The 1980s Medicine and Health: Headline Makers
The 1980s Medicine and Health: Headline MakersWilliam DeVries
C. Everett Koop
William DeVries (1943–) William DeVries and his surgical team at the University of Utah Medical Center made medical history and national headlines on December 2, 1982, when they replaced the diseased heart of Barney Clark with the Jarvik-7, the first permanent artificial heart ever used for a human patient. DeVries was the only surgeon authorized at the time by the U.S. Food and Drug Administration (FDA) to implant an artificial heart into a human. Before the FDA ended the innovative artificial-heart program in 1990, DeVries had performed four such transplants.
Robert Gallo (1937–) Robert Gallo and his research team at the National Cancer Institute (NCI) claimed to have identified in 1983 the human T-cell lymphotropic virus type III (HTLV-III). The following year, he and his colleagues published their findings in Science. Gallo and the other scientists in his laboratory developed a blood test for the virus. Although Gallo and others continued to search for a cure, by decade's end the medical solution to the deadly, slow-acting, changing virus still remained a scientific mystery.
C. Everett Koop (1916–) In 1981, C. Everett Koop became surgeon general of the United States, the nation's leading spokesperson on public-health issues. During his eight-year term, he stood out as a model of integrity and courage in public office, promoting the nation's medical interests over party politics. In 1982, Koop took a hard stand against smoking and the tobacco industry. Addressing the issue of AIDS, he spoke graphically and candidly about safe and unsafe sex practices. Disregarding the Reagan administration, which had appointed him, Koop argued for intensive sex education in the nation's schools.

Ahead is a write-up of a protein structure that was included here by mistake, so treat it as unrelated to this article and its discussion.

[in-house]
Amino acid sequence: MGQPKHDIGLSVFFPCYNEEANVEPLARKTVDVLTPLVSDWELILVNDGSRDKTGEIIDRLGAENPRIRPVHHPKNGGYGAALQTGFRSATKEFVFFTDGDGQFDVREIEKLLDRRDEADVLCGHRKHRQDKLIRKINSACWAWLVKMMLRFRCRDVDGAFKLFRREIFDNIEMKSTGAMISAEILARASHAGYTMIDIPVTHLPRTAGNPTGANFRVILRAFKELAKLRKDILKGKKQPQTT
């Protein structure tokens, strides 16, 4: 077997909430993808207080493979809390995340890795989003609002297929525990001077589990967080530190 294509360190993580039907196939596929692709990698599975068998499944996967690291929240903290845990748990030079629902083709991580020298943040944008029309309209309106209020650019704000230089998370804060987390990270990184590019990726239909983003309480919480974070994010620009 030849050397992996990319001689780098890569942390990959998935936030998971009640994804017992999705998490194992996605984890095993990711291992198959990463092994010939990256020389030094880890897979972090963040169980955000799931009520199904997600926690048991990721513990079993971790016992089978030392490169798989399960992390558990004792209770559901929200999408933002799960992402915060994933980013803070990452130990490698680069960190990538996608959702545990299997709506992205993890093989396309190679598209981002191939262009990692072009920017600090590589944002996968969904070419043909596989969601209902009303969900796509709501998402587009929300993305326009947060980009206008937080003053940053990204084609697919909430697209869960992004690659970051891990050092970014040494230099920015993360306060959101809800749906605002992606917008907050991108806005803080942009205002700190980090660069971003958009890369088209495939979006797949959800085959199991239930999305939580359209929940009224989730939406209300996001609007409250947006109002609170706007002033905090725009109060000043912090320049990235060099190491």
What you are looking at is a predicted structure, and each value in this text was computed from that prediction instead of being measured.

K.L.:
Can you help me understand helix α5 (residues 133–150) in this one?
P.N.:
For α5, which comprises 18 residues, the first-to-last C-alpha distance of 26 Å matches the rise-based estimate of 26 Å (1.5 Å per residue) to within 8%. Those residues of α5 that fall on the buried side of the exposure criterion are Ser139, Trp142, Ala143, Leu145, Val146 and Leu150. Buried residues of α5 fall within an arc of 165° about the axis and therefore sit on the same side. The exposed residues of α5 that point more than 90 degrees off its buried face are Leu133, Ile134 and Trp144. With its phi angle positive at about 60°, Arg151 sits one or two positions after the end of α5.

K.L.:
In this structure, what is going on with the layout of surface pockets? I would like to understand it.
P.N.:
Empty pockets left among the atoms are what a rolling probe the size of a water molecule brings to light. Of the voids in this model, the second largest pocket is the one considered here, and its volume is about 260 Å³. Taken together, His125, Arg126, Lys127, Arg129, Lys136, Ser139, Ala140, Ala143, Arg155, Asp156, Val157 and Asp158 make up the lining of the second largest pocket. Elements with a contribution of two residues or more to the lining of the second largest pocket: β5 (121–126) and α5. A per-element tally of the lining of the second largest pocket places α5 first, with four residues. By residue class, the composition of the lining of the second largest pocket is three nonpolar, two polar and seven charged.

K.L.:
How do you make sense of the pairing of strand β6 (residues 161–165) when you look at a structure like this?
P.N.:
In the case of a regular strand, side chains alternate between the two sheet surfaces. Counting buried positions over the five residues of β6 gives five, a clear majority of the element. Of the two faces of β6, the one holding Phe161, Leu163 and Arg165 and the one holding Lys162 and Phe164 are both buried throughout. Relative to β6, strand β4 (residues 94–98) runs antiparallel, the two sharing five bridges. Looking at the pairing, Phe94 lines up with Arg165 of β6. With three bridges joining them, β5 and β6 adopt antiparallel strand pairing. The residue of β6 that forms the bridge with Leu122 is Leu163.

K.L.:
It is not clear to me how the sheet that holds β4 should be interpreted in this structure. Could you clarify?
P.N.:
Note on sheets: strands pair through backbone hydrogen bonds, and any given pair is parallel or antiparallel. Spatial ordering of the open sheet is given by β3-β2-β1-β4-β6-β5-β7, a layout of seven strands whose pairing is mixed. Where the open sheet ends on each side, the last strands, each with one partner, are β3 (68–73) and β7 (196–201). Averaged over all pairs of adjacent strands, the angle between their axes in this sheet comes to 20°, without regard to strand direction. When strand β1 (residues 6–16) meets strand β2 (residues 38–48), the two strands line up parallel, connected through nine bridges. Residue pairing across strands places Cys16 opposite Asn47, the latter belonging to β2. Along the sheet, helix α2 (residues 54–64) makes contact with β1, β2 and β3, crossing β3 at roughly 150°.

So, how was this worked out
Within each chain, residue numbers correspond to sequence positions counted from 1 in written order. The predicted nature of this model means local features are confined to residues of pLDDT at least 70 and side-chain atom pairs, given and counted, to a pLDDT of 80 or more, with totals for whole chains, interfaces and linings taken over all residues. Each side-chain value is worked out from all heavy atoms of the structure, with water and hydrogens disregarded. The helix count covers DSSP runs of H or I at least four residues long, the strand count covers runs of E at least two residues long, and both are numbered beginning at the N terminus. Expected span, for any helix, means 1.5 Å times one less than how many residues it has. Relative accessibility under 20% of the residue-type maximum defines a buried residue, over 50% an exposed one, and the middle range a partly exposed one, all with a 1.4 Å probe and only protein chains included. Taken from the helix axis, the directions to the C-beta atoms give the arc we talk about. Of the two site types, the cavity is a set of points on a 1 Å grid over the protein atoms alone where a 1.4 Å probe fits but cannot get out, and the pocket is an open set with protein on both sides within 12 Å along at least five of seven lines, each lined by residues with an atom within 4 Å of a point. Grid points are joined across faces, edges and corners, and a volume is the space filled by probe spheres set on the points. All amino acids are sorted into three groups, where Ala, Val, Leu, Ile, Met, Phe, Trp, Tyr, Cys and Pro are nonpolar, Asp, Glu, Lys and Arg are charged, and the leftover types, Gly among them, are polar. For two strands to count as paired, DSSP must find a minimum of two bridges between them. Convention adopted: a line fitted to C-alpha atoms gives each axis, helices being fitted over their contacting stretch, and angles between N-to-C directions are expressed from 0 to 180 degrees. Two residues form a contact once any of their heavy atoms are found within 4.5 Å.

Ryan White (1971–1990) Ryan White contracted AIDS in 1984 through tainted blood products he was given to treat hemophilia, an inherited blood disease in which the blood does not clot properly, causing excessive bleeding. The following year, he was denied the right to attend school. He and his family took the school district to court, and his successful legal battle made headlines all over the world. Confronted with continued discrimination, White kept up his campaign against widespread ignorance and fear of AIDS throughout the rest of the decade, becoming a celebrity in the process.